Updated: Nov 3
Cancer can be prevented in dogs and humans with knowledge, healthy choices, and one day preventative vaccines.
At EndCancer.org, we know how scary owning a pet with cancer can be. Your dog is your most trusted companion; watching them battle this disease can feel like losing a family member.
Learn how to prevent cancer in dogs to keep your furry friend happy and healthy.
Dog Breeds & Cancer
Before we get into how to prevent cancer, it’s important to understand the nuances between the dog breeds.
Some dogs are more at risk of developing cancer than others due to their ancestral origins. Breeds from Asia, Africa, and Europe tend to have different immune responses to certain types of cancers than those from North and South America. According to the National Canine Cancer Foundation, the following breeds are more likely to be diagnosed with cancer:
Bernese Mountain Dogs
Breed cancer predisposition depends on the type of cancer as well.
Histiocytic sarcoma is more common among Bernese mountain dogs, flat-coated golden retrievers, and Rottweilers.
Osteosarcoma affects larger breeds, including Rottweilers, Great Danes, Irish wolfhounds, Scottish deerhounds, borzois, greyhounds, Saint Bernards, Dobermans, German shepherds, golden retrievers, and Leonbergers.
Hemangiosarcoma is more likely to affect German shepherds, boxers, and golden retrievers.
Mast cell tumors affect the bullmastiff, Boston terrier, Staffordshire bull terrier, pug, Rhodesian ridgeback, Weimaraner, beagle, shar-pei, and Labrador and golden retrievers.
Lymphoma is more common among boxers, bulldogs, bullmastiffs, English springer spaniels, Labrador and golden retrievers, Rottweilers, basset hounds, Saint Bernards, Scottish terriers, Airedale terriers, and Bouvier des Flandres.
Melanoma affects schnauzers, Scottish terriers, poodles, cocker spaniels, chow chows, golden retrievers, and Pekingese.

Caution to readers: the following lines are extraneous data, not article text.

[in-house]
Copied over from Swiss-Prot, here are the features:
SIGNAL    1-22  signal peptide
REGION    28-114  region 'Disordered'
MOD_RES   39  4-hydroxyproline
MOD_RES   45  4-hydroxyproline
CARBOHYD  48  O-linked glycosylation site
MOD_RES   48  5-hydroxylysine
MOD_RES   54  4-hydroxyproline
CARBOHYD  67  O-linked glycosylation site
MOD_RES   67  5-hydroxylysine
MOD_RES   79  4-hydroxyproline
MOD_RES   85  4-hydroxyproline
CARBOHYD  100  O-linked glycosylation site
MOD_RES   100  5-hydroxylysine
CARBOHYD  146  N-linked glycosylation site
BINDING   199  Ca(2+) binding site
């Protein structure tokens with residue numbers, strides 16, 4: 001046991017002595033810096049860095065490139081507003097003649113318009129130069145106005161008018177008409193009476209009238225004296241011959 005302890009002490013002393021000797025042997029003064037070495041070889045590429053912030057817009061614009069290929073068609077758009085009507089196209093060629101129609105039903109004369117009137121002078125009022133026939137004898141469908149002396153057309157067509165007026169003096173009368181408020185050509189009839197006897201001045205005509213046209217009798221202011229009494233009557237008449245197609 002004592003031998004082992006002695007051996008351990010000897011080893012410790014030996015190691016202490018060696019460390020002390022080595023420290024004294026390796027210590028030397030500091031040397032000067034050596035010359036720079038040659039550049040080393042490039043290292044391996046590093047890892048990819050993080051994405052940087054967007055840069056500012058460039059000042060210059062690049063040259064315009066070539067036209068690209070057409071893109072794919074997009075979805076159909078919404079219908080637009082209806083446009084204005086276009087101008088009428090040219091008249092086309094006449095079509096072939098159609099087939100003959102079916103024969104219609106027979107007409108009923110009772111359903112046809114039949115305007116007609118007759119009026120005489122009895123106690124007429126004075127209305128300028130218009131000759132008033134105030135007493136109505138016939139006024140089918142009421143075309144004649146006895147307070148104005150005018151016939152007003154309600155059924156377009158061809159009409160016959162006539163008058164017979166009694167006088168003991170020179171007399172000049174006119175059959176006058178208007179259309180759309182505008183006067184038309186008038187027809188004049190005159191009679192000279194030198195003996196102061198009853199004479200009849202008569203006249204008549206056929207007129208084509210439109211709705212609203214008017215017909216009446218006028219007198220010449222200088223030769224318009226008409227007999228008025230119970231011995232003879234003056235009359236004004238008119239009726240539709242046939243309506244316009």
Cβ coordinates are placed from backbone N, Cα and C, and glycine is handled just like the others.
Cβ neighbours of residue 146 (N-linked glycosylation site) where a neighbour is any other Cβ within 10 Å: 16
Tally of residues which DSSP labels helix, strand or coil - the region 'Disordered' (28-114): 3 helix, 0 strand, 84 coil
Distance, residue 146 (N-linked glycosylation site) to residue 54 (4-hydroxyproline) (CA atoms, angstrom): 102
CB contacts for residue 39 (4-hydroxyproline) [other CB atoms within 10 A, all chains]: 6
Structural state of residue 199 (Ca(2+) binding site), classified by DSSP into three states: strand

Mammary tumors occur among fertile female dogs and those that haven’t been spayed before the age of two, especially among boxers, spaniels, small terriers, dachshunds, setters, pointers, and German shepherds.
Preventing cancer among these breeds is all about knowing your dog’s risk. If you have a breed that’s more likely to develop cancer, take them in for regular screenings to detect it as early as possible and follow the tips below.
Reducing Your Dog’s Cancer Risk
Dogs develop cancer for various reasons. Poor air quality, unhealthy eating habits, and other toxins cause cancer in dogs and humans. Dogs are also more likely to get cancer as they age. It is the leading cause of death for those over the age of 10.
You can prevent cancer in your dog by:
Keeping them physically active
Taking them in for regular check-ups
Feeding them healthy food
Your dog may become less active as they get older. Around one in five dogs will develop canine arthritis, according to the American Kennel Club. The condition can make it painful for them to get around, which increases the risk of cancer.
Feed your dog quality food with healthy ingredients. Many brands contain carcinogens that can put your pet at risk. Research how your dog’s food was made by looking at the list of ingredients. When in doubt, ask your veterinarian for advice.
Avoid the following ingredients and preservatives when shopping for dog food:
Butylated hydroxyanisole (BHA)
Tertiary butylhydroquinone (TBH)
Take your dog in for regular screenings. Watch out for wounds that don’t heal, strange lumps, and bumps, and have your vet do a biopsy to see if they are cancerous. Keep an eye on their weight. Sudden weight gain or loss of appetite could be symptoms of cancer. The disease can affect their behavior as well. Irritability, fatigue, trouble sleeping, and depression are warning signs.
Treating Cancer in Dogs
Like humans, dogs diagnosed with cancer live longer than ever, thanks to new treatment methods.
The Food and Drug Administration (FDA) has approved four drugs designed to treat and reduce different types of cancer, including Palladia and Stelfonta for shrinking mast cell tumors and Tanovea-CA1 and Laverdia-CA1 for treating lymphoma.
These drugs are made with many of the same ingredients and medicines used to treat cancer in humans. All the drugs except for Laverdia-CA1 have received full FDA approval. The latter received conditional approval in 2021. They are all safe, effective options for treating the disease.
Preventing Dog Cancer With a Vaccine
EndCancer.org is funding research for the biggest clinical trial involving a groundbreaking canine cancer vaccine. Now in its fourth year, the study has shown promising results in preventing cancer tumors from forming. What does this mean? It means we are one step closer to a world free of cancer.
Let’s End Cancer for Dogs
It starts with you. You can help end cancer in dogs with a donation to cancer research. Your money supports the ongoing vaccine trials to help eradicate this disease. You can also make history by signing our petition to get USDA approval for an extraordinary vaccine that will prevent cancer in dogs.